In the part of the world I live, 40%of the population which translates to more than 80 million people live below the poverty line. But that’s not all, many of those who are fortunate to not fall within this bracket are only marginally doing better. One chronic illness and they are down to the dreaded penury group. Little wonder we are all about what to eat, how to survive, how to stay afloat amid the unending challenges that plague citizens of a consumer nation. Lofty ambitions are a luxury; in Nigeria, it’s all about being able to afford basic living expenses and keeping the kids in school.
When I heard the news of Elon Musk’s emergence as the richest man in the world, one of the things that came to mind was how many Nigerians could afford to dream that high. I asked myself if I dared to envision myself in his position, not because I am interested in being the richest human but because I know that I, like many others, are stuck in the race to remain solvent.
The life of living from paycheck to paycheck carries way too many risks: one shakeup within the system and you are back on the streets; one pandemic and you become an unemployment statistic. It’s this realisation that is responsible for the desperation to “make it”. People with a ravenous appetite for wealth and a skewed outlook on how to acquire it—a most dangerous combination.
But this essay is not about illegal money-making ventures and the ills they do to society, rather it’s an attempt to provoke thought in the line of what to do to escape the crazed lifestyle of constantly chasing the paper.
It’s not enough to flaunt our knowledge of current affairs by recognising who and who constitute the wealthiest folks around, we must be able to draw lessons from the things they did to attain such a feat.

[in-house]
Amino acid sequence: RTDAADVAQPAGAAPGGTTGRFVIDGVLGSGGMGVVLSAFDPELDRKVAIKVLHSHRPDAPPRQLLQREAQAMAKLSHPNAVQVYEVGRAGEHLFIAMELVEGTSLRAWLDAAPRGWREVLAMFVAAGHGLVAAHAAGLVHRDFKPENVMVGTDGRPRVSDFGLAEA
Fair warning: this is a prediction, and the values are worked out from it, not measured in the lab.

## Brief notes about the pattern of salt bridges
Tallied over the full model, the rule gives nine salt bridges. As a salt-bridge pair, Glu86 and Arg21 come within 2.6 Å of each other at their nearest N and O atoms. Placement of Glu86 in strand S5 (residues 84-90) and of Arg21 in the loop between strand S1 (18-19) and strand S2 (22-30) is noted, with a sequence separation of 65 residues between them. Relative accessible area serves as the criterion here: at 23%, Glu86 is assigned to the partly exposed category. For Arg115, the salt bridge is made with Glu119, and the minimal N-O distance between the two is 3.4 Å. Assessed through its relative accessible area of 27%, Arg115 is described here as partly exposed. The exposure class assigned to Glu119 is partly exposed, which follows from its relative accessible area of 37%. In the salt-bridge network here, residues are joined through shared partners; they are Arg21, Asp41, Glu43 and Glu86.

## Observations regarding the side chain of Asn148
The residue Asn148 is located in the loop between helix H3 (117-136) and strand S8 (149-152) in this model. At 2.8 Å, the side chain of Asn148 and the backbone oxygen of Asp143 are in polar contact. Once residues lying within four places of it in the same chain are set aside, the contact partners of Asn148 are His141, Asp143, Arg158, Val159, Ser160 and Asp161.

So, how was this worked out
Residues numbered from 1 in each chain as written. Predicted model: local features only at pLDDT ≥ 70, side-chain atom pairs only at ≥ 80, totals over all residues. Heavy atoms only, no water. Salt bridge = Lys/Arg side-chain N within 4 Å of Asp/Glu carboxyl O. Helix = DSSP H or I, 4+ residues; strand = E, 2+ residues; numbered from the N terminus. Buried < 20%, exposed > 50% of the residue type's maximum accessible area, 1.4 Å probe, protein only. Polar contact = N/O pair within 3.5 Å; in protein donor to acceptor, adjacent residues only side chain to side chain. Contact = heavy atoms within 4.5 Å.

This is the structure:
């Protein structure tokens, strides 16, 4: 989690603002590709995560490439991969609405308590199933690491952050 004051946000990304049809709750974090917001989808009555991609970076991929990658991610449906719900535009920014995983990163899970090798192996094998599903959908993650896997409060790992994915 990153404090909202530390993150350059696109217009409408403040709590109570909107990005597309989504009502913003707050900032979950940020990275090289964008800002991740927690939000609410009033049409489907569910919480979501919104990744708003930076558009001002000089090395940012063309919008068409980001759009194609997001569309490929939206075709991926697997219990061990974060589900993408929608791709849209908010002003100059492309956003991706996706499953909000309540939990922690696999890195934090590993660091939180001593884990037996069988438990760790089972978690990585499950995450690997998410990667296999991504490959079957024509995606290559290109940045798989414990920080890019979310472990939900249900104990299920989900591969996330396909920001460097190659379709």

And not because we want to grace the cover of Forbes (not to say that that is such a bad idea) but to at least live a life free of basic financial worries. From Musk to Bezos to Gates to Zuckerberg to Winfrey and even our own Dangote, there are lessons to learn, and I’ll highlight a few of them.
Your Background Hardly Matters
Elon Musk did not come from a poor family, but he has had his fair share of family issues. He was born in South Africa and not the US. His parents got divorced. He loathed his father. He had to deal with bullying. He’s had to face lawsuits and earned criticisms for some of his opinions. His fellow billionaires all have their sob stories, the same stories that have seen some of us stuck in the same place for years, blaming our parents for having us in Nigeria or not giving us the same opportunities some of our contemporaries had. If you and I are going to quit the rat race, we must elevate our thinking beyond the circumstances of our existence.
Know What You Want
Musk was determined to move to the United States instead of staying back in Pretoria where his father wanted him to attend school because he was convinced it was where he could achieve his dreams. Oprah did not become the “Queen of all Media” and one of the most influential people in the world by taking on too many things like many are wont to do in the quest for success. She focused on being the best in the media world. Bill Gates jettisoned the law his parents wanted him to study for software development. By all means, discover what you would like to spend your life doing, and then pursue it with relentless vigour.
Be a Maverick
Mavericks are non-conformists. They own up to their quirks and are comfortable being different from the average person. The billionaires we tag “Goals” did not do what average people did. They charted their own path and took risks many of us are too scared to take. They did not take a job and stay at it for 30 years hoping that their savings would one day amount to a sum large enough to live a lavish lifestyle. No, they explored, experimented, invested, collaborated, gave, inspired, and innovated. And at the time they started juggling all these balls, they had no inkling they would one day be super-rich. Doing what the average person will not put you in this circle.
Live for a Higher Purpose
In the end, contentment is the antidote to an unfettered desire to accumulate. Remember, the wealthy also attain a height where the acquisition of substance stops being attractive. At that point, they are on the search for meaning, something that gives lifelong fulfilment because they know that money does not translate to happiness. You should crave to get to that point too, only then will you have transcended the rat race.